A day after a horrific, deadly tornado leveled Moore, Okla., we were reminded of the rebuilding occurring in another devastated part of the U.S.: New Jersey. Six months after Hurricane Sandy laid waste to shore towns from Seaside Heights north, the state, led by Gov. Chris Christie, is embarking on a marketing campaign about the reconstruction, touting, “Stronger Than the Storm” and “The Jersey Shore Is Open.”
It’s a strong reminder that for every collapse, there is recovery. We’ve seen it in New Jersey and New Orleans, Tuscaloosa and Tokyo, San Francisco and Santiago, and in Joplin, Mo., which suffered its own tornado tragedy nearly two years to the day of the Oklahoma disaster. We saw it, in the biggest challenge of a generation, after the terror of September 11.
And, on an entirely different level, we’ve seen it in the global economy and, specifically, in U.S. housing markets, perhaps the single-strongest driver of today’s global containerized shipping growth and, by extension, that of the intermodal rail and trucking business.
Housing’s recovery from collapse, of course, is great news for many of the beneficial cargo owners making up the Top 100 Importers and Exporters lists appearing on this Web site and in the JOC’s May 27 magazine. It’s certainly true for home improvement retailers such as Home Depot and Lowe’s, Nos. 3 and 5 on the list of Top 100 Importers; both benefited from the housing upturn to post first quarter earnings growth.
As Home Depot Chairman and CEO Frank Blake was quick to point out when his company reported a 7.4 percent increase in first quarter net sales last week, “We saw less favorable weather compared to last year, but we continue to see benefit from a recovering housing market that drove a stronger-than-expected start to the year for our business.”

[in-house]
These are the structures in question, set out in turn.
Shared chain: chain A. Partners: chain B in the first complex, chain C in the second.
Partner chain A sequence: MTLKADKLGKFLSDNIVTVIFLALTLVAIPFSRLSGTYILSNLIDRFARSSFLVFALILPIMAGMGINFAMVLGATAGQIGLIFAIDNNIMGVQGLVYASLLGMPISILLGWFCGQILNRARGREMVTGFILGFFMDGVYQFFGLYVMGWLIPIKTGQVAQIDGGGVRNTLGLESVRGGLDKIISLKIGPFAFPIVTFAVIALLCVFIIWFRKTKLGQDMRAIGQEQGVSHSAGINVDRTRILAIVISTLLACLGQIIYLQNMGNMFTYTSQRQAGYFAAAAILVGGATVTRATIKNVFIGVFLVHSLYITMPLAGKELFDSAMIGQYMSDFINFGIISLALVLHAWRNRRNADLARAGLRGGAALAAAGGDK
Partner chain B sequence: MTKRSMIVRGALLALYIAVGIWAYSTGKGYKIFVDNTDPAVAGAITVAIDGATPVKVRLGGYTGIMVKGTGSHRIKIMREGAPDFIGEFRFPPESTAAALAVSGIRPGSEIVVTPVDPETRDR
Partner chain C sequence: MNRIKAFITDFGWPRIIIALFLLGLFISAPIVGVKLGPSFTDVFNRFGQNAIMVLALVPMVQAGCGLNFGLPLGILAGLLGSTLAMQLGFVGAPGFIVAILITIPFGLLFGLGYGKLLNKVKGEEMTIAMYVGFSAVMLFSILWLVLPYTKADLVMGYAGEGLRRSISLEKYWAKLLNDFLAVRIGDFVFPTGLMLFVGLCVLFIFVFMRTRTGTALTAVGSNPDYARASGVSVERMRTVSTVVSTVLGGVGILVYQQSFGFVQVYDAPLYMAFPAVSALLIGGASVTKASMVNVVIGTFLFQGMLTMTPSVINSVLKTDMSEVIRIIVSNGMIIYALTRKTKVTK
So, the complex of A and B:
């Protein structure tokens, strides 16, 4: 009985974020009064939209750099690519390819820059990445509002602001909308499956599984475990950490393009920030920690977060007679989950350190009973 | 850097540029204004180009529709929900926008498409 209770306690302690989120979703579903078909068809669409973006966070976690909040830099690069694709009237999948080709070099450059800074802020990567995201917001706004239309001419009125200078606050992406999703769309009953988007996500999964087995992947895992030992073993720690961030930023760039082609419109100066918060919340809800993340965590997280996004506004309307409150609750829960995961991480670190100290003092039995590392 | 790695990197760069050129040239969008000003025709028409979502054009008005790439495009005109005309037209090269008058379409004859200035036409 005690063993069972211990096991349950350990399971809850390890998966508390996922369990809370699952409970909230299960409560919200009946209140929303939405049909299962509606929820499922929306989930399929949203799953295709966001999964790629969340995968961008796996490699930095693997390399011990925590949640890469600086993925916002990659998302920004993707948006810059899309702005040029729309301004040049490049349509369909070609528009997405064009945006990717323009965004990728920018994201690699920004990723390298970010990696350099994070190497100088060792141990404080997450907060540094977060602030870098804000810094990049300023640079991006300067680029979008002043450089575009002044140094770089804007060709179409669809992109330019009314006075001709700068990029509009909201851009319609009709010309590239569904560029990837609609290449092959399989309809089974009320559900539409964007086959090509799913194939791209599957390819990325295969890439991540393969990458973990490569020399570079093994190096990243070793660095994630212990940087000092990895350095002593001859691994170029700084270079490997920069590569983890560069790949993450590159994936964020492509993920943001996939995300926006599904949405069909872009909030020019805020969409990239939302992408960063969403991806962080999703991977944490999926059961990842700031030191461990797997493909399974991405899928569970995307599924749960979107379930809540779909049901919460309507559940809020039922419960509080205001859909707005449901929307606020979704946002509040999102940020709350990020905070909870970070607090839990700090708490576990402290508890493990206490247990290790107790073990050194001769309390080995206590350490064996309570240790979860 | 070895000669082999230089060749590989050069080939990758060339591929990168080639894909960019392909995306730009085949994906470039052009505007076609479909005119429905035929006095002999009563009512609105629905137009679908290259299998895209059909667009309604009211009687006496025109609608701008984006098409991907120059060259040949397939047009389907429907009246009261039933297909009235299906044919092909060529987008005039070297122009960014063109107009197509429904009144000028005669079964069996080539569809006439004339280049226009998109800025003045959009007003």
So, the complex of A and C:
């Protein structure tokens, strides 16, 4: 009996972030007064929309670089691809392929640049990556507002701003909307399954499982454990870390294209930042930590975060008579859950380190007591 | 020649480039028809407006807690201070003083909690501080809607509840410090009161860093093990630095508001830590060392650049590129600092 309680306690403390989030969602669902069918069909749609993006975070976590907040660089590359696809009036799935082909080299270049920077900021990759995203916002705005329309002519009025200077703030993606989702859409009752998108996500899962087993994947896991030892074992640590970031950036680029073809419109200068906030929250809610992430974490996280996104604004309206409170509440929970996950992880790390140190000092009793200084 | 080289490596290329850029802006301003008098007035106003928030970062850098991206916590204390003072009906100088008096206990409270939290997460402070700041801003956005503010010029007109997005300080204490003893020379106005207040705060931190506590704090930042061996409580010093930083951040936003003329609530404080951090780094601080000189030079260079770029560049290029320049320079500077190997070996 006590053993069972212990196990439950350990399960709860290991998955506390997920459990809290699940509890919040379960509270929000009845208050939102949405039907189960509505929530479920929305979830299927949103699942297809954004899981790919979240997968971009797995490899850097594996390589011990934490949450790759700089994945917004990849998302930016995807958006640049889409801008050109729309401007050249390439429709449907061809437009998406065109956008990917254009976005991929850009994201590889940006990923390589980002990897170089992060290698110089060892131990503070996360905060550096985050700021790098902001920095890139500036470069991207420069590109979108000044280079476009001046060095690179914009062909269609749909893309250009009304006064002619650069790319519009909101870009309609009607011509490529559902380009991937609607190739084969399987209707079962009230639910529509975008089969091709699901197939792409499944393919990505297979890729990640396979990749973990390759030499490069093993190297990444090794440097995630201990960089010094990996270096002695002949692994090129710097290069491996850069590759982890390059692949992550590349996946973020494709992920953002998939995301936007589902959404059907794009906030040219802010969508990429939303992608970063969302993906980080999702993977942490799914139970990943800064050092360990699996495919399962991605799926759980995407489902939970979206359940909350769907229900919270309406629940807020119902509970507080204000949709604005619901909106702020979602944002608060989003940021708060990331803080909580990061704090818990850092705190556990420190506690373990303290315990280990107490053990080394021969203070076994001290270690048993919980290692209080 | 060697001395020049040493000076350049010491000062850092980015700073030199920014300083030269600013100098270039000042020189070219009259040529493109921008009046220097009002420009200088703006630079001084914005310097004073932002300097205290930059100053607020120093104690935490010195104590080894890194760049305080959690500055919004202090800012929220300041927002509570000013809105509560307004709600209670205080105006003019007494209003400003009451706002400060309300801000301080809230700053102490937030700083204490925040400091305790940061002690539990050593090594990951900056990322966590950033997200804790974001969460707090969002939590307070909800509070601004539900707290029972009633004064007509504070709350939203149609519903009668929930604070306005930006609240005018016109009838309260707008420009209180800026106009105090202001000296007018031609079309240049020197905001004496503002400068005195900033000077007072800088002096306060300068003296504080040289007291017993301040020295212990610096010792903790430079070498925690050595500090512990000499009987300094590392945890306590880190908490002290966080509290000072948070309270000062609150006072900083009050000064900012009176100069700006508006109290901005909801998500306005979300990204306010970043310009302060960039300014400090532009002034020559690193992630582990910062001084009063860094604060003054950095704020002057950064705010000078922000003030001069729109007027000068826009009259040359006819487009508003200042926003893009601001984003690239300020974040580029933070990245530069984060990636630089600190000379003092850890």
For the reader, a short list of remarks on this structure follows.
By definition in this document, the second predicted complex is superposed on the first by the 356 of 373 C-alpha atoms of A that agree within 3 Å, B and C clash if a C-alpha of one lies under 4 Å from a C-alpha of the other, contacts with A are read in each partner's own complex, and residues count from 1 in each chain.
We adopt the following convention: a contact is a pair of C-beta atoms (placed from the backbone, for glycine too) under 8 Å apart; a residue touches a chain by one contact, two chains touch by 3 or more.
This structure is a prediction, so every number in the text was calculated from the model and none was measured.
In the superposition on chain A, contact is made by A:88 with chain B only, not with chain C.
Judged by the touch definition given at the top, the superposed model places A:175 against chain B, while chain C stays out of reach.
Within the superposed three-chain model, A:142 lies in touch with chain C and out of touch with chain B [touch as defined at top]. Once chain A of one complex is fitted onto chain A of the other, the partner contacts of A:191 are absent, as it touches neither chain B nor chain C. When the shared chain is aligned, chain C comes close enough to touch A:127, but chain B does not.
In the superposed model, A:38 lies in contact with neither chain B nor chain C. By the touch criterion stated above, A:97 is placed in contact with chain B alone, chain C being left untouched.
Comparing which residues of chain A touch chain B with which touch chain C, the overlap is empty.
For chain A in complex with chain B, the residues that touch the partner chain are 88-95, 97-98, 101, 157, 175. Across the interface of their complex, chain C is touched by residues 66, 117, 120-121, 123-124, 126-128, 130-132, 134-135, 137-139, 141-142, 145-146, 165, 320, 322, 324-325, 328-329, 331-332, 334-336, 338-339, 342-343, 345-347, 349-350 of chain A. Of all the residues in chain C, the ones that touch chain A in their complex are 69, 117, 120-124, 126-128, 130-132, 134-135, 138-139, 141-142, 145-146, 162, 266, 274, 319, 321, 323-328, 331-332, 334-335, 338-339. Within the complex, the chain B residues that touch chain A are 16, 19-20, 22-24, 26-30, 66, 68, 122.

It’s also good news for companies that furnish those homes, from appliance makers such as Electrolux, General Electric and Whirlpool and furniture manufacturers Ashley Furniture and Furniture Brands International to the retailers selling their wares: Wal-Mart, Target, IKEA, Sears, Kohl’s, Macy’s and Pier 1 Imports, among others.
U.S. unit sales of washers, dryers, dishwashers, refrigerators, freezers, ranges and ovens increased more than 5 percent in this year’s first quarter over a year earlier. And containerized furniture imports have increased for six consecutive quarters on a year-over-year basis, according to JOC Economist Mario O. Moreno.
So, yes, Moore, Okla., and all the global cities that suffer similar tragedies in the future, will recover, too. Homes and businesses will be rebuilt. Transportation in the region will move again. Sadly, we’ll never recover from the human toll.
Fact is, we live in a fragile world fraught with risk. For supply chain interests, that risk ranges from an infrastructure struggling to keep up with maintenance let alone modernization to labor-driven disruption — and, yes, risk from nature’s deadly force that too often brings needed perspective to the business of moving and selling goods.
You can’t, after all, sell a living room from a store that, in the blink of an eye, no longer exists.